A Prose Poem
Today, I took a stroll along an old lake bed. The valleys left by lakes
are the most interesting to me. This one was a glacier that was trapped,
melted, and slowly evaporated away year by year, 'til only a few scattered
frozen marshes remained.
But that is not all that is left. Here, the glacier left scars on the valley. Granite from thousands of miles away, great vertical slabs, not pebbles, picked up and carried, like a child pocketing everything that glitters, and the lake bed the backyard where his mother shakes out his clothes for laundry.
Here is where I dusted off the snow from a sand stone. You can clearly see the fossil of the gaping mouth of a fish, perhaps a small shark, its gills choked with mud, pinned by the weight of its own weakened body.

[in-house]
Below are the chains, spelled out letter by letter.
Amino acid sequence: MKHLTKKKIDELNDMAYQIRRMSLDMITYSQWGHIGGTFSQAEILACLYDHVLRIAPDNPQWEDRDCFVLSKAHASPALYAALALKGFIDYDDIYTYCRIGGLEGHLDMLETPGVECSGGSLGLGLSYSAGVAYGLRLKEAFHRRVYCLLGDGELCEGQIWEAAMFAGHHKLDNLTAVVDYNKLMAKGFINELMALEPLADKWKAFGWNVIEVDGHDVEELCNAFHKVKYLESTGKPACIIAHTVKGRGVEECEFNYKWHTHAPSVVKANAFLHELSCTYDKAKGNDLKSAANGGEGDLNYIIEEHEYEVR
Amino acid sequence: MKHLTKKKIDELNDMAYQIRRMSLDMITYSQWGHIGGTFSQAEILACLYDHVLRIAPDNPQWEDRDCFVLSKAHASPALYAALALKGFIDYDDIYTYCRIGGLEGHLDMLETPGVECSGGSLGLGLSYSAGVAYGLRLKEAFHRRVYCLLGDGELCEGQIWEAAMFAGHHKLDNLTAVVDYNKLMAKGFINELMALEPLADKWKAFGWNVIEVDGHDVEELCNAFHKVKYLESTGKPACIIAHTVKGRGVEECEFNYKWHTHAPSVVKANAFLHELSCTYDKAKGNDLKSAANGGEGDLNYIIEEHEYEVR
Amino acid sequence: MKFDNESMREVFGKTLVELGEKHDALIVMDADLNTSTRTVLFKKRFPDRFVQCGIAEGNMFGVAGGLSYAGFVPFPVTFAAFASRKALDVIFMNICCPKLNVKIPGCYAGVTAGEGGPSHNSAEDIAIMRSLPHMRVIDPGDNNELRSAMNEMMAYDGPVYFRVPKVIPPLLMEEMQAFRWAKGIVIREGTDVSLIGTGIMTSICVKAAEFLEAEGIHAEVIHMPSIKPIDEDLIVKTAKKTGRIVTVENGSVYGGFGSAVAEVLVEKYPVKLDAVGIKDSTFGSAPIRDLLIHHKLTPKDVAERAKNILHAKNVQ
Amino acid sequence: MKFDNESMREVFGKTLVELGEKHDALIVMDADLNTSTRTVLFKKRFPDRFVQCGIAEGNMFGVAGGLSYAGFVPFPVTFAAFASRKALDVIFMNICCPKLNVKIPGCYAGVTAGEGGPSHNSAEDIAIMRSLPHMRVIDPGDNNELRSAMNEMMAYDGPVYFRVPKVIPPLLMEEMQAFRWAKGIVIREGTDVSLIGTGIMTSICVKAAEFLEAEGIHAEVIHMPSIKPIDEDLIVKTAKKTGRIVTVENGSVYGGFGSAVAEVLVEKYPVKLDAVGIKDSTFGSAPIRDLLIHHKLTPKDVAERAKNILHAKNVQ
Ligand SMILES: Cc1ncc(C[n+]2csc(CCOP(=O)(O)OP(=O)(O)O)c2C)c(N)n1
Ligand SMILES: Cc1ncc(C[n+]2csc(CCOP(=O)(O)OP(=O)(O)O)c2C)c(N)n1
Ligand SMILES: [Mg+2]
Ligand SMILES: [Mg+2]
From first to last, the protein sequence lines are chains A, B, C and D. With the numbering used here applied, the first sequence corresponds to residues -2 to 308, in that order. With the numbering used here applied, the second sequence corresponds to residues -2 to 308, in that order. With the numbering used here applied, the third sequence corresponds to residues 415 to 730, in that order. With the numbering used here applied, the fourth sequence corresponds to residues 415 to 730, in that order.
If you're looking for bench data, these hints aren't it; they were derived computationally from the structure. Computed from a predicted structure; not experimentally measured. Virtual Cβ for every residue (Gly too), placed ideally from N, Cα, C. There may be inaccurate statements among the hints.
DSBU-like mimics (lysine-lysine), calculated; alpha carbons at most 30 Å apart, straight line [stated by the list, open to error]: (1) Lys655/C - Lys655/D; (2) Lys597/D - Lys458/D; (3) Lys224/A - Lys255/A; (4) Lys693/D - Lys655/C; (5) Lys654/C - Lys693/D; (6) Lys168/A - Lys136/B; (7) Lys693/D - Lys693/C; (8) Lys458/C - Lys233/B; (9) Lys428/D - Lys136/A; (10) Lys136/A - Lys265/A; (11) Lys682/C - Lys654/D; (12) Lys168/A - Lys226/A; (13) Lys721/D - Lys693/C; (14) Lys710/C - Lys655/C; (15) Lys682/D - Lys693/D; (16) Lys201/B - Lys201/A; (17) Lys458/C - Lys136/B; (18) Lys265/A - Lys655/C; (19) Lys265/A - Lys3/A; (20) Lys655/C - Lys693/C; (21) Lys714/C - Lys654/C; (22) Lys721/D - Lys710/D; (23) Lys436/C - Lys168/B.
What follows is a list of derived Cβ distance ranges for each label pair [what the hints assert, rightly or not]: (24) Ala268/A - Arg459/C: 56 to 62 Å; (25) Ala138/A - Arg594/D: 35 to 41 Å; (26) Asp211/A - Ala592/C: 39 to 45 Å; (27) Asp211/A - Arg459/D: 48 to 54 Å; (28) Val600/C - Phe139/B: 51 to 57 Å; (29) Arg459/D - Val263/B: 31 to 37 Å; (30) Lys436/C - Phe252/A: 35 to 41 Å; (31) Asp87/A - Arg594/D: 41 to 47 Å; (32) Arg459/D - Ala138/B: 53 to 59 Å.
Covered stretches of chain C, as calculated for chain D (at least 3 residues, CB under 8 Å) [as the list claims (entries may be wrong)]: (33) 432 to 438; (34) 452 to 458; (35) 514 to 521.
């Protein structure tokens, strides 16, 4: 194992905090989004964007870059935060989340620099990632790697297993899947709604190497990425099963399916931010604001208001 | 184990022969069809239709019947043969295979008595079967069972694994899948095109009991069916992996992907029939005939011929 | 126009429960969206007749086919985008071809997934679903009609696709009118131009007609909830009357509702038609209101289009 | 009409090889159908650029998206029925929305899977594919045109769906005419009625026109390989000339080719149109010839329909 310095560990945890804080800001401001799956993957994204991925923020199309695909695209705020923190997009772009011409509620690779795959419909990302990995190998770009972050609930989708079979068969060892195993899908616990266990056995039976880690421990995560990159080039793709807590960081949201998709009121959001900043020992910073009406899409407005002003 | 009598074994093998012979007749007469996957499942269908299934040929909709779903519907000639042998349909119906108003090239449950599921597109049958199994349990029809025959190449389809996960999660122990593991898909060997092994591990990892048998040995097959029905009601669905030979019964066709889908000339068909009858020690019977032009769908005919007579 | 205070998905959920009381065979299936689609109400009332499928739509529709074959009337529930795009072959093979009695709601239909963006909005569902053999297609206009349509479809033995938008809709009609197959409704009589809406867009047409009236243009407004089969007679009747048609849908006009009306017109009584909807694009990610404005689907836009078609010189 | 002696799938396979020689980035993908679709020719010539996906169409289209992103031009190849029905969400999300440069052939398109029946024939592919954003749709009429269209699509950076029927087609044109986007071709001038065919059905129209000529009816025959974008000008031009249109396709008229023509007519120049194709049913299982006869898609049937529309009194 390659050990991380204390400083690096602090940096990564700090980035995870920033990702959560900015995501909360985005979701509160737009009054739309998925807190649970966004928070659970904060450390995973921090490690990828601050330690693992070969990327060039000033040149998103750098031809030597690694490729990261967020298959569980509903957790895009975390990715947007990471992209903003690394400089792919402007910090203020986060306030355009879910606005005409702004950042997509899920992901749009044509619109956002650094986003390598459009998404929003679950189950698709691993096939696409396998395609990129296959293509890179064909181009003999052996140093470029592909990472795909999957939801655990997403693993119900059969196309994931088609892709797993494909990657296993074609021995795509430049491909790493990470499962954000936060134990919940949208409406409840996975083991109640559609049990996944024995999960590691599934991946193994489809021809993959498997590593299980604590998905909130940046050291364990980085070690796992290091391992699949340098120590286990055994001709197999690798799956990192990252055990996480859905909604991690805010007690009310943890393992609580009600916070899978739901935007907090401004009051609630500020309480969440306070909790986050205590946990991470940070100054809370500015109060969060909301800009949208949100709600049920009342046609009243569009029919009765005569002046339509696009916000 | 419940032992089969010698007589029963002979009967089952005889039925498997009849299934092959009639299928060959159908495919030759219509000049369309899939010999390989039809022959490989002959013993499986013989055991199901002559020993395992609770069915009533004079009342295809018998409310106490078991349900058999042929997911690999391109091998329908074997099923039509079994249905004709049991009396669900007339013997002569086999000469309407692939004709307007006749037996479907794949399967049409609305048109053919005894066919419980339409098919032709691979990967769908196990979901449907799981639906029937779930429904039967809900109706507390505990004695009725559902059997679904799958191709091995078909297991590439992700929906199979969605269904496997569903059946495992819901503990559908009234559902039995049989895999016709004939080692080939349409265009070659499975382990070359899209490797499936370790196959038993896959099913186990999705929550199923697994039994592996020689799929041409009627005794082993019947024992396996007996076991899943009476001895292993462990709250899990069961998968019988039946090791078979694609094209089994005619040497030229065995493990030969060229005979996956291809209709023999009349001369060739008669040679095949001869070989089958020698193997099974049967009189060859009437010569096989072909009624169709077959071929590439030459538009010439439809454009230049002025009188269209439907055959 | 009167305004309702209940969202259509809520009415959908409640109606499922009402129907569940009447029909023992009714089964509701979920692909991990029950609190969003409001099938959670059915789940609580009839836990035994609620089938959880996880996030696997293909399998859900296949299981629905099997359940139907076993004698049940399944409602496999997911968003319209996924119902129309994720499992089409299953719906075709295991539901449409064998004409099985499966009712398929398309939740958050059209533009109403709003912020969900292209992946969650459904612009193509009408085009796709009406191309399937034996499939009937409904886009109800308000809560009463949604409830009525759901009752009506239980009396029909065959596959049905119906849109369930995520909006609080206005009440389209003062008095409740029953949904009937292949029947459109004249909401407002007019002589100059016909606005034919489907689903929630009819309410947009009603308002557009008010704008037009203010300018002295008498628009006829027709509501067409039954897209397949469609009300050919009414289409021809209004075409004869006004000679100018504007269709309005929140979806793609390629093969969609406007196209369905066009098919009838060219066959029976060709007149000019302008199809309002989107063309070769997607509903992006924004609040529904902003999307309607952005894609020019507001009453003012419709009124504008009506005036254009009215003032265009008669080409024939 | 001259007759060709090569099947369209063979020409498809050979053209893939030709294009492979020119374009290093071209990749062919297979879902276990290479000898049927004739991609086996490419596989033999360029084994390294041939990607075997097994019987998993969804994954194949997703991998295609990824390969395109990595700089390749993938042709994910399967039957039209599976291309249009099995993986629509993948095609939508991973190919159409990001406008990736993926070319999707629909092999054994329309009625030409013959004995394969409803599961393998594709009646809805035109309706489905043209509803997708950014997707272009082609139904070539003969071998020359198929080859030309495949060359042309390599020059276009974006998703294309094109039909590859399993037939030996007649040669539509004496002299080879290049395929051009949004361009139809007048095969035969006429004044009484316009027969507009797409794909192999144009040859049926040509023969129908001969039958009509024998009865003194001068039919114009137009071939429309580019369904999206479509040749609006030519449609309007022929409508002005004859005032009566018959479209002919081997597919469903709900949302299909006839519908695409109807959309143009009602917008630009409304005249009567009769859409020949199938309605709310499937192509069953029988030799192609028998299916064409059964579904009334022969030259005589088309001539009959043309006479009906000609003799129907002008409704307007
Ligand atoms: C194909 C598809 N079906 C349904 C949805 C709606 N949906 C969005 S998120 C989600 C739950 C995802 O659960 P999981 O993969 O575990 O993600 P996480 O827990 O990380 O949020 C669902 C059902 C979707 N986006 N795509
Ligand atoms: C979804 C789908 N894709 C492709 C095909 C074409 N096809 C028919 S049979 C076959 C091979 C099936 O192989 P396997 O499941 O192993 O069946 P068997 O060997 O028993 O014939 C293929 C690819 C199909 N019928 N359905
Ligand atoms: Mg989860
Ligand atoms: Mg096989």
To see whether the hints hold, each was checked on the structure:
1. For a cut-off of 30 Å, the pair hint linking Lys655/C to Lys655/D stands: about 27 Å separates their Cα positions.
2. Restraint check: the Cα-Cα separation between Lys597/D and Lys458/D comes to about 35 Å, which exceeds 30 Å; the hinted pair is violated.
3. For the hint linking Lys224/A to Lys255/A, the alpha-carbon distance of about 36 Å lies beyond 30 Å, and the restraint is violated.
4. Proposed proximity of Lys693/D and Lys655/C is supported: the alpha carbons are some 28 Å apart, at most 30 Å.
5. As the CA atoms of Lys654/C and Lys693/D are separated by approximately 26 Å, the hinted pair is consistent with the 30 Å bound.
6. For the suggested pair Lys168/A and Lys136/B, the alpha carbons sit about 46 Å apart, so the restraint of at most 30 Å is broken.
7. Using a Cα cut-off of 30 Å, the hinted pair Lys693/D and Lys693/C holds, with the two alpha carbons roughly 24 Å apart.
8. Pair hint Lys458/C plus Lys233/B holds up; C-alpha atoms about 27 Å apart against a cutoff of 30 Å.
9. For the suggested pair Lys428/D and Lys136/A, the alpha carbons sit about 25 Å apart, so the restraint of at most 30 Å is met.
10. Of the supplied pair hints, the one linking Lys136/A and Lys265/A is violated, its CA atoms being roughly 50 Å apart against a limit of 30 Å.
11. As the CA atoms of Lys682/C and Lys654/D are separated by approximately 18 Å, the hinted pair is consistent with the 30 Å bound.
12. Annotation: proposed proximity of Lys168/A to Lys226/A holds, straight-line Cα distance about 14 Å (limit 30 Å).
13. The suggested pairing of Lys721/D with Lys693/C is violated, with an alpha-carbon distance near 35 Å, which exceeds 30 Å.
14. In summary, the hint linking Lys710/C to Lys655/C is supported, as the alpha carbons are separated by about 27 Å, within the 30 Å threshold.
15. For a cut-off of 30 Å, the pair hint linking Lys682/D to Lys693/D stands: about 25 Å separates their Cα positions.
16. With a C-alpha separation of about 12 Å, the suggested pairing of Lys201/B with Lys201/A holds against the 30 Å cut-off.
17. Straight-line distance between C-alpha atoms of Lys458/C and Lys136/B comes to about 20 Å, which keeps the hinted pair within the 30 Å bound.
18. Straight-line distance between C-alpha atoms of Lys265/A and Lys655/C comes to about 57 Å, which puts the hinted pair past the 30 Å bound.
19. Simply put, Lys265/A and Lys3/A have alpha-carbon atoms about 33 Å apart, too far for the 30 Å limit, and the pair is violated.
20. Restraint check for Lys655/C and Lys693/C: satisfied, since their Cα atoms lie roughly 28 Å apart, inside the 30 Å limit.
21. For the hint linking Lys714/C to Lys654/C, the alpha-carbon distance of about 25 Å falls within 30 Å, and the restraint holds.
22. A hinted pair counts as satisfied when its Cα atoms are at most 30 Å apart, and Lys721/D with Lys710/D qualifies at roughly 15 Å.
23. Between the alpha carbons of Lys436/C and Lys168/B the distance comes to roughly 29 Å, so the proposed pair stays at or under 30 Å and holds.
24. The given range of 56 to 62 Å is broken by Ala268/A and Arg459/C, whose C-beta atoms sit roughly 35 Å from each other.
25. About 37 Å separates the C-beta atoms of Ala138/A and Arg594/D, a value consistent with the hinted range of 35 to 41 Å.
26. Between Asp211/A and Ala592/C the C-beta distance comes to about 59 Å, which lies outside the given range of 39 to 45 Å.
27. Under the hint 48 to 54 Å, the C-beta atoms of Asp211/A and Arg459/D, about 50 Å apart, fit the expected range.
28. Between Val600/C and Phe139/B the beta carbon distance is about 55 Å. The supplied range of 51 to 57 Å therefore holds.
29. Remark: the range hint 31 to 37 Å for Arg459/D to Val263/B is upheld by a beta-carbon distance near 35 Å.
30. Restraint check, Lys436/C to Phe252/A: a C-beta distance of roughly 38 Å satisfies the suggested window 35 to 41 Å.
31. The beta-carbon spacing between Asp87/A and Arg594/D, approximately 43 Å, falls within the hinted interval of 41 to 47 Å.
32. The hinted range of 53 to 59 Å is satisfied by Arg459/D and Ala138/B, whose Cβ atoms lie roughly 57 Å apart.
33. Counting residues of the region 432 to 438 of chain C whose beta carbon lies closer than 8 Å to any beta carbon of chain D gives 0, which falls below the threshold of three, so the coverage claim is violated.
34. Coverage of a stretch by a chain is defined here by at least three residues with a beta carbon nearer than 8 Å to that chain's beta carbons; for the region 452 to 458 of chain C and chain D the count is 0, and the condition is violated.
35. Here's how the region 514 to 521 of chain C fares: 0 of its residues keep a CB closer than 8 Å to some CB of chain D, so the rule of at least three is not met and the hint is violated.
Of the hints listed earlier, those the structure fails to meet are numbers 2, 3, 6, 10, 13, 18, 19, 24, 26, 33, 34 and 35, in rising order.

Fishes, unlike humans, are not so bothered by the cold. I vaguely recall that they have a particular sugar in their blood that retards the growth of ice. I wish I had that today, whilst watching the ice tangled with waterweeds churn and bobble over my head.